Central Air Conditioners
$250 cash incentive
Keep your home cool and comfortable by choosing an energy-efficient central air conditioner. High-efficiency central air conditioners are quieter and more convenient than room air conditioners and use 20 to 40% less energy than central air conditioners from 10 years ago.
If you own a individual condominium unit, townhome, duplex, triplex or fourplex, visit our Multifamily page to view cash incentives for central air conditioners upgrades.
Establish your eligibility.Read More >
Select a contractor and have the work completed.
To receive an Energy Trust cash incentive, contact a qualified energy-efficiency-trained Energy Trust trade ally contractor or any contractor with a current Oregon Construction Contractors Board license.
Submit your incentive application within 60 days of installation.
To complete your application, you’ll need to enter information such as the installation date, equipment serial/model number, and efficiency rating, and include a scan or legible digital photo of your contractor’s invoice. Please gather this information before beginning your application.
Your contractor may help you complete the application form. Please allow six to eight weeks for incentive processing and payment.
The following incentive is available for single-family and manufactured homes when adding or replacing a central air conditioner:
|Central air conditioner||$250||
Minimum nominal Seasonal Energy Efficiency Rating (SEER) of 15 or greater for the outdoor unit, and a minimum total system Energy Efficiency Rating (EER) of 12 or greater
Ask your contractor to verify the outdoor unit can be found on the qualifying products list and that the total system achieves a minimum 12 EER rating via the AHRI website to ensure your installation qualifies.
Refer to the central air conditioner outdoor unit qualifying products list for a list of known outdoor units which meet the SEER 15 nominal rating requirement. If you have questions about model eligibility or to verify eligibility of a model not found on this list, please contact us at email@example.com for single-family homes or firstname.lastname@example.org for multifamily residences.
Incentives are subject to funding availability and may change. Limit one air conditioner incentive per residence.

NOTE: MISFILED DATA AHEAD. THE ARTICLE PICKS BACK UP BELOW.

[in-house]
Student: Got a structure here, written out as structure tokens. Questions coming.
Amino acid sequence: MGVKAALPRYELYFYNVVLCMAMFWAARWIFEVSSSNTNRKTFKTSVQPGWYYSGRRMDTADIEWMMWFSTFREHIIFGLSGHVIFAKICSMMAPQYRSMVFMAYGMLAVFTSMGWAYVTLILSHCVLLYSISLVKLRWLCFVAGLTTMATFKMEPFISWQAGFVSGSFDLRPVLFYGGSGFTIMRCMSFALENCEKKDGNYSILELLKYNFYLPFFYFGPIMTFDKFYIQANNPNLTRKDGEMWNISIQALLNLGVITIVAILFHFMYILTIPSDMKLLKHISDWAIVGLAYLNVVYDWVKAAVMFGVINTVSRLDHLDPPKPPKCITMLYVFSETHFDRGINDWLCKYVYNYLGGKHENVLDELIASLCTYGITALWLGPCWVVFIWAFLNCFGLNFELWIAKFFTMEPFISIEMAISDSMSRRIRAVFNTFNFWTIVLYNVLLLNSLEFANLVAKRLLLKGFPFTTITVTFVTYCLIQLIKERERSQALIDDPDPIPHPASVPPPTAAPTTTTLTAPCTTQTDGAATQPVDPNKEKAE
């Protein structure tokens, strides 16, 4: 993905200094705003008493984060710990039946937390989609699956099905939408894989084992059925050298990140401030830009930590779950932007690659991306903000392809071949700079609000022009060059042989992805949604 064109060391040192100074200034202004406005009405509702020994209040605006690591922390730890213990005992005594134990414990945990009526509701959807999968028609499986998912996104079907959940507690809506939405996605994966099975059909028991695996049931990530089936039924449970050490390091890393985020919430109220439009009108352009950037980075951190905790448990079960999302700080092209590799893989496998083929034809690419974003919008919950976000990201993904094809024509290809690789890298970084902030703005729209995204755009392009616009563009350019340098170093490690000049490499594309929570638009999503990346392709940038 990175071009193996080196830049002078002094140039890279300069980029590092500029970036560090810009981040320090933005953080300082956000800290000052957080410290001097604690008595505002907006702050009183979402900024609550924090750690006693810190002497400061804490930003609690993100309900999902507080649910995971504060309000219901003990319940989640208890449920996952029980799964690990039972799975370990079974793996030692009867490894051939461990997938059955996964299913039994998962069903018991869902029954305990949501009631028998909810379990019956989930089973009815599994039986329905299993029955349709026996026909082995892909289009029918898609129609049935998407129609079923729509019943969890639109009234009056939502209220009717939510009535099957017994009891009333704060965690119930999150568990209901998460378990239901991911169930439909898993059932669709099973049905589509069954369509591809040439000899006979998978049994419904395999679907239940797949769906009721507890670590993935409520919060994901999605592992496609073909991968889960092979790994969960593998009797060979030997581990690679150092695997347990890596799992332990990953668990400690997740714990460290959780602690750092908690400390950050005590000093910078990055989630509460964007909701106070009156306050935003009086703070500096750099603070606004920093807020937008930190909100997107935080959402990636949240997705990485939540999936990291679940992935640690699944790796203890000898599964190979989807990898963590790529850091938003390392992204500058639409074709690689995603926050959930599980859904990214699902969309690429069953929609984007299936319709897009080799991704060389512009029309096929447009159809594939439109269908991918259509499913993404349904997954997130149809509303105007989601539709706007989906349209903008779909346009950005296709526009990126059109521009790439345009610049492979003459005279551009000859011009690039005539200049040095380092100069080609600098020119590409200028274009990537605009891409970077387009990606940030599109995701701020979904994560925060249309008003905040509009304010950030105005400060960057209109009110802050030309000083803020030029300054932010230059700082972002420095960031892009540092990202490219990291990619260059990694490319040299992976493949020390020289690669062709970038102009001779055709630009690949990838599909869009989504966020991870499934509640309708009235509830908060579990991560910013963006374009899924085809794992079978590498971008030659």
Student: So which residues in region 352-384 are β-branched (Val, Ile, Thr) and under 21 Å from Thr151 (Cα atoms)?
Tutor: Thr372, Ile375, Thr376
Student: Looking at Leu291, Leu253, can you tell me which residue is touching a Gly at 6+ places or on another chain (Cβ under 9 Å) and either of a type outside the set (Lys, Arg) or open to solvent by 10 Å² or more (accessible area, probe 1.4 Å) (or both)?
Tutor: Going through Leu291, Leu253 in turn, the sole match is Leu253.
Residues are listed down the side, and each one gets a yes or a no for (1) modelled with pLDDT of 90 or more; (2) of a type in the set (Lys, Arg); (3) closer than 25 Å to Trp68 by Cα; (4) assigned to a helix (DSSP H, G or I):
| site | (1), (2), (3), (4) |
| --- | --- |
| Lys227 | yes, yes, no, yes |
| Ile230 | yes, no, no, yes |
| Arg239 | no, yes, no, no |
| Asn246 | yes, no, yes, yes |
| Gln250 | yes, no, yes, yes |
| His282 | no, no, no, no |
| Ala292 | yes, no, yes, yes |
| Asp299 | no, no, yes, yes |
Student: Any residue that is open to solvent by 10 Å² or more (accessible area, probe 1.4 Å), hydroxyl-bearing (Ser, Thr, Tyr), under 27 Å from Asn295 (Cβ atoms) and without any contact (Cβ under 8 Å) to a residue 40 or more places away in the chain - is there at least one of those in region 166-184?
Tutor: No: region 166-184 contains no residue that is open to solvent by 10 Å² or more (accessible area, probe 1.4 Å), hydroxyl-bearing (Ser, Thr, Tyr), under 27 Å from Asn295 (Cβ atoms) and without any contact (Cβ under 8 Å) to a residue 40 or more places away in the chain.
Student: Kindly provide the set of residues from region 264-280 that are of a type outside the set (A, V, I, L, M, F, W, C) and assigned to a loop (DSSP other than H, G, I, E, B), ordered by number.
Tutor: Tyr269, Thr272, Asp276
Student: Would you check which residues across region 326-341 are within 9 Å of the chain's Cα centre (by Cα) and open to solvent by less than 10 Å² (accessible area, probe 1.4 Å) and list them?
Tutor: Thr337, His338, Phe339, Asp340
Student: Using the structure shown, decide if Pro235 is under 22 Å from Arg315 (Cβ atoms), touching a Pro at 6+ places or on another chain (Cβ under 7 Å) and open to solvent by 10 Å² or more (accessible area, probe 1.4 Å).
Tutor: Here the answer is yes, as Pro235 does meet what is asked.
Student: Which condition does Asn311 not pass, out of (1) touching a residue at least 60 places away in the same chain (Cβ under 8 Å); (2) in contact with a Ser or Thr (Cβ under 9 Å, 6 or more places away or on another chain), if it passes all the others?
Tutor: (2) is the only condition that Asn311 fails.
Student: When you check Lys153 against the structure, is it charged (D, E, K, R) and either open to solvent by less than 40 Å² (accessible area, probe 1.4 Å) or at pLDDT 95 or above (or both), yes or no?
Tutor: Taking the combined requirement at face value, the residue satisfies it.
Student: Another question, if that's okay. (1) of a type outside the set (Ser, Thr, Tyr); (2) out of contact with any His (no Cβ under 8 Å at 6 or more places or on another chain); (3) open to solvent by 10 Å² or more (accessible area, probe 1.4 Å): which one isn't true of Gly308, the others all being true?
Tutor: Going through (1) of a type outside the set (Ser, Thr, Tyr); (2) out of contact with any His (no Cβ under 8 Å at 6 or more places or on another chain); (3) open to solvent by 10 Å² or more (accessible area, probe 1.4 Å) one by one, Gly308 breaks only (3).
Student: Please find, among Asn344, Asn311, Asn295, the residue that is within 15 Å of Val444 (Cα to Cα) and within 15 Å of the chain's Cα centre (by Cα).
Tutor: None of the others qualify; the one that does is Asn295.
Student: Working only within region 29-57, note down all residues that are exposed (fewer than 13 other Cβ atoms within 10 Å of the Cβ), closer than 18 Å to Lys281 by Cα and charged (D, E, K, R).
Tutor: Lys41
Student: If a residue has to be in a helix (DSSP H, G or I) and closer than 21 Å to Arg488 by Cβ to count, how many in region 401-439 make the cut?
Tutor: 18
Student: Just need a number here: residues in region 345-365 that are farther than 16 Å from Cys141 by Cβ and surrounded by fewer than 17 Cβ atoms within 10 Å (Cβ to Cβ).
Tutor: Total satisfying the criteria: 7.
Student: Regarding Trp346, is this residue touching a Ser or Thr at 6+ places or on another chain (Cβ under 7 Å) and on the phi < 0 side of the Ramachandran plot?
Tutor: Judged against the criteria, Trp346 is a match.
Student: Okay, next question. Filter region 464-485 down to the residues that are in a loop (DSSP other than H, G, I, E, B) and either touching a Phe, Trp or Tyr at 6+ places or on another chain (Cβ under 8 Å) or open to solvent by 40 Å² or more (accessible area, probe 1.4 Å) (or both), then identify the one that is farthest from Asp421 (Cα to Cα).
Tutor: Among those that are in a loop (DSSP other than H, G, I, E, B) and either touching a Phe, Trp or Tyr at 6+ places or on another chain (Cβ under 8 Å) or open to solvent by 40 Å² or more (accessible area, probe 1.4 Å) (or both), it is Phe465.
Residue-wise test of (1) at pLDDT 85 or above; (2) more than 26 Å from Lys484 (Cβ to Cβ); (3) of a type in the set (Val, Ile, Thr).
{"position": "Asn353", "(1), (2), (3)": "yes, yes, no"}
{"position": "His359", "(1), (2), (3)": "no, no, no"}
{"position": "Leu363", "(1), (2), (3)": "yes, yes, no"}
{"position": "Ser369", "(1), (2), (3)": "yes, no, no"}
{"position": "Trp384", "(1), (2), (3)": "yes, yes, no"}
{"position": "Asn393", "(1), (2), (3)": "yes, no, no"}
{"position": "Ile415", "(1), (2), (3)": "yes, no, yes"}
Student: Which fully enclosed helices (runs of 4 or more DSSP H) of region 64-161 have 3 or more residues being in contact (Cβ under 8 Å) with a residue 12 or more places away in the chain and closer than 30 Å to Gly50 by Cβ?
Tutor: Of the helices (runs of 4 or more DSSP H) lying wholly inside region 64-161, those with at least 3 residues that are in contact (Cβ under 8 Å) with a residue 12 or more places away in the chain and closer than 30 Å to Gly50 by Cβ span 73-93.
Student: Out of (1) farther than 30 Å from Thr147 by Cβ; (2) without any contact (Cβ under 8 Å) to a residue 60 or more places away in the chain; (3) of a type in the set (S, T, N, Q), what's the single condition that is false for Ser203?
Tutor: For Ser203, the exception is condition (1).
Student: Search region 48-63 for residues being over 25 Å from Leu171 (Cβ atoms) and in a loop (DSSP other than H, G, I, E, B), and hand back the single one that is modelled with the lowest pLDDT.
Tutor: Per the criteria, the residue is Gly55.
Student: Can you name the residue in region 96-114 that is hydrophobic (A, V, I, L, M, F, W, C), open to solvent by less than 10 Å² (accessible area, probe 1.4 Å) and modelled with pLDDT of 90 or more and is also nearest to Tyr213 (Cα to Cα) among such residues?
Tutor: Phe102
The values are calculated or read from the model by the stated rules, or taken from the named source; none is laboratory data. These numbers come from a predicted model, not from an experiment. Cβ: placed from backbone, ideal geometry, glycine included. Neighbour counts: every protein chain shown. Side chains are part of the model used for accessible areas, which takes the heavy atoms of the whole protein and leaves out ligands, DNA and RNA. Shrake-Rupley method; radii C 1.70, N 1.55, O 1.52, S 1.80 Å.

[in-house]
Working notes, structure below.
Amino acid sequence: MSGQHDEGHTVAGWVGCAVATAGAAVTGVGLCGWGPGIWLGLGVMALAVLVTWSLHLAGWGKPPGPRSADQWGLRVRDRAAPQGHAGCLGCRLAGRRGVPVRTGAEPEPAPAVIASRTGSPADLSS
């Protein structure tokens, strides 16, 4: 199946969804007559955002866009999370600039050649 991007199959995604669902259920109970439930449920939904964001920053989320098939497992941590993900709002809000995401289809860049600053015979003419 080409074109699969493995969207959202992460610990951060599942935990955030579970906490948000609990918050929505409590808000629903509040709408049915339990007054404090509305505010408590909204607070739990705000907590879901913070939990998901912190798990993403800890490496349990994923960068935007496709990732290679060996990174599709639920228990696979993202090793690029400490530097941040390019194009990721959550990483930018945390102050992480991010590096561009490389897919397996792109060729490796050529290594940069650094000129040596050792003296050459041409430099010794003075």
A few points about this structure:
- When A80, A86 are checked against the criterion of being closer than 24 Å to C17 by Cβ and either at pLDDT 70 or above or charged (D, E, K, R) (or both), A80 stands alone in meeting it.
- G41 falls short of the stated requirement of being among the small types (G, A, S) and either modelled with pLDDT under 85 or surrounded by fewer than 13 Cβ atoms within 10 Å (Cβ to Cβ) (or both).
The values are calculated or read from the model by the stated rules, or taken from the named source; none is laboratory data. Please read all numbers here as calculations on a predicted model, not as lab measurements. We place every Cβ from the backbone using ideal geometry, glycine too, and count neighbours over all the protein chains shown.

Savings Within Reach On-Bill Repayment
Income-qualified residents in Oregon who participate in Savings Within Reach On-Bill Repayment are eligible to finance the central air conditioner through their utility bill.
Central air conditioner must be used as the primary cooling source, serving more than 50% of the home. Heat pumps and portable air conditioners (room or window) do not qualify for this incentive.
Learn more about the benefits of energy-efficient central air conditioners by visiting this ENERGY STAR® page.
You can use the Find a Contractor Tool on Energy Trust’s website to search for Energy Trust trade ally contractors near you who install efficient central air conditioners.
In addition to single-family properties, the central air conditioner incentive is available for townhomes, duplexes, triplexes and fourplexes. Visit the Energy Trust Multifamily Central Air Conditioner web page to learn more.
No. This incentive is only available for central air conditioners that serve the majority of the residence.
No. Only the system serving the majority of the home is eligible for an incentive.
No. This incentive is available for either new or replacement central air conditioners.
Seasonal Energy Efficiency Ratio, or SEER, applies to the average cooling efficiency of the equipment at 82 degrees F outdoors at different humidity levels with the equipment turning on and off. Energy Efficiency Ratio, or EER, applies to the efficiency of the air conditioner running at 95 degrees F outdoors and 50% humidity, which is a more realistic indicator for how the unit performs on the hottest days that they are used most.
The Air-Conditioning, Heating & Refrigeration Institute (AHRI) develops heating and cooling equipment standards, testing methodology, and certification requirements to determine performance ratings. The performance rating of an air conditioner is impacted by the outdoor condenser as well as both the indoor evaporator and air handler/furnace. In order for an air conditioning system to achieve a specific performance rating, all components stated on the AHRI certificate must be installed.
Maybe. Since the performance rating of an air conditioner may be affected by the indoor air handler/furnace (see above), it may be necessary to upgrade the existing furnace in order to achieve the required central air conditioner performance ratings (12 EER).
NW Natural residential customers may be eligible for an additional central air conditioner incentive when combined with a gas furnace replacement. Be sure to check the NW Natural website for current promotions.
There are many factors that can impact the cost of a new central air conditioner, including the size of the system, unique characteristics of the home, options/features of the equipment, and difficulty of installation. The range of costs can be between $4,000-$8,000+. Energy Trust recommends customers contact multiple contractors when receiving a bid and consider requesting referrals from recent customers.
Yes, depending on the actual equipment. The air conditioner incentive is available for Oregon customers of PGE and Pacific Power who heat their home with a forced air furnace of any fuel type. Energy Trust incentives are not intended to influence customer decisions on fuel sources.
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